BERLIN — A tiny Teutonic pic is quietly upstaging Hollywood blockbusters and goosing local filmmakers.
The bittersweet comedy — about an ailing East German woman who slips into a coma on the eve of the collapse of the Berlin Wall — has also sparked a nationwide debate about the lingering divide between East and West Germans.
“Good Bye, Lenin!” has so far sold 5.1 million tickets since its mid-February release, holding on to the top of Germany’s box office for more than a month.
It has already grossed upward of $35.5 million, a handsome return on its $5.5 million production budget.
Pic snagged six German film prize noms last week as well as the prize for best European film at the Berlin Film Fest in February and subsequently sold to 21 territories. No distrib has yet signed on the dotted line for the States.
Stefan Arndt, a co-founder of production company X-Filme, predicts the pic will surpass the performance of the company’s 1999 hit, “Run Lola Run.”
In the “Lenin!” pic, a character played by East German actress Katrin Sass, whose own career nosedived after reunification, wakes up from a coma eight months after the Berlin Wall falls. Her devoted teenage son, played by Alex Bruehl, is told by doctors she must stay in bed and avoid any excitement that could send her, a loyal Communist, back into a coma or even kill her.
So Bruehl painstakingly re-creates a small slice of Communist East Germany in the apartment, removing all signs of the Western capitalism that overran the East after the wall fell in late 1989. He scours the city to find her beloved East German pickles and tasteless coffee and jam; he even enlists a friend to create fake East German news broadcasts.
“It took the U.S. years before audiences were ready for films that looked at Vietnam, and I think a similar thing has happened in Germany,” Arndt tells Variety.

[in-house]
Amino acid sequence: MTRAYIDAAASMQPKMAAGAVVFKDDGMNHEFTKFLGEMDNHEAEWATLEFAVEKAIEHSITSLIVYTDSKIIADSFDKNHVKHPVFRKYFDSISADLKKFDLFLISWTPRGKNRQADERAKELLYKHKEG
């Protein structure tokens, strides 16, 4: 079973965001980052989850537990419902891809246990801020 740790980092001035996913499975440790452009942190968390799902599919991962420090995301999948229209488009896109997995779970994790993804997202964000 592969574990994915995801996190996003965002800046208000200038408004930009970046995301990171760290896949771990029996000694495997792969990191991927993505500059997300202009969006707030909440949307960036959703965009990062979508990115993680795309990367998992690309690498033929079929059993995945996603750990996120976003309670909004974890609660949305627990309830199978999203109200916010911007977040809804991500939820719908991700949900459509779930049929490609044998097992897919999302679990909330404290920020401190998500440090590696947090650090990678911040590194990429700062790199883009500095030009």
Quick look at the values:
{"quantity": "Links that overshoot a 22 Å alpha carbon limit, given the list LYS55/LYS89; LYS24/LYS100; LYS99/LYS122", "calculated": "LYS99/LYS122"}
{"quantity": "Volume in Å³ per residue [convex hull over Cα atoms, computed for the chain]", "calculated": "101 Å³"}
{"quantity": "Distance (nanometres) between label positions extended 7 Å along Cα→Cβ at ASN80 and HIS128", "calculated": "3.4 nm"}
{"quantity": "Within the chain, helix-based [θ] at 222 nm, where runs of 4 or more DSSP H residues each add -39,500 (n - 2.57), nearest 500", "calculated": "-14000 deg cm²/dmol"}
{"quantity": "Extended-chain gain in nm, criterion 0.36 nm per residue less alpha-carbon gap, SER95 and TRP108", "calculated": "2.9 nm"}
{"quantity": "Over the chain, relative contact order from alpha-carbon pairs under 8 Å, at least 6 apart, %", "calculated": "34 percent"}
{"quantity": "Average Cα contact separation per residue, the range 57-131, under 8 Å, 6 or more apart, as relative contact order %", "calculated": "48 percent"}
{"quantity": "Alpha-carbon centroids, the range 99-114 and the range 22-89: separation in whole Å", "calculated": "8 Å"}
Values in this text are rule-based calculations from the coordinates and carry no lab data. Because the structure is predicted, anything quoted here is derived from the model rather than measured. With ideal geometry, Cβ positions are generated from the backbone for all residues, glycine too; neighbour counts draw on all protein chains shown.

Harald Pauli, a critic for Focus magazine, says “Good Bye, Lenin!” has touched a nerve in both East and West Germany. It’s the biggest local hit since “Manitou’s Shoe” in 2001 and could lead other filmmakers to explore recent German history.
“I don’t think anyone dreamed it would succeed as spectacularly as this,” Pauli adds. “It shows Germans can laugh at themselves. And it also shows the industry, despite all the recent troubles, is still in pretty good shape.”
The local industry has been in the doldrums since the demise of the Kirch media empire, the stock markets slumped and unemployment grew.
” ‘Good Bye, Lenin!’ is good for the film industry here, and it’s a sign of vitality for the market,” says Jurgen Schau, managing director of Columbia TriStar Germany. “It’s a smart way to re-examine the reunification era. Perhaps it’s broken the ice for more films in that direction, the two Germanys growing together.”
The pic has not only brought the country together in movie theaters, but it has also revived discussion about lingering differences between East and West in everything from mentality to wages.
“It’s brought Germans together,” says culture minister Christina Weiss, who recently hosted a special screening for 250 members of Parliament. ” ‘Good Bye, Lenin!’ proves that humor can’t be divided into East and West Germany.”
Weiss, who led efforts to get German legislators to raise federal film subsidies by some $21.8 million to $104.7 million in 2004, said commercial triumphs such as “Good Bye, Lenin!” showed Germans could compete with U.S. imports — Hollywood accounts for some 80% of the German market.
About a third of the film’s budget came from federal and state film board subsidies, which will now easily be reimbursed.
“There’s a new generation of German filmmakers with a much better chance to succeed than previous generations,” she says. “The conditions are improved, and they’re much more courageous now.”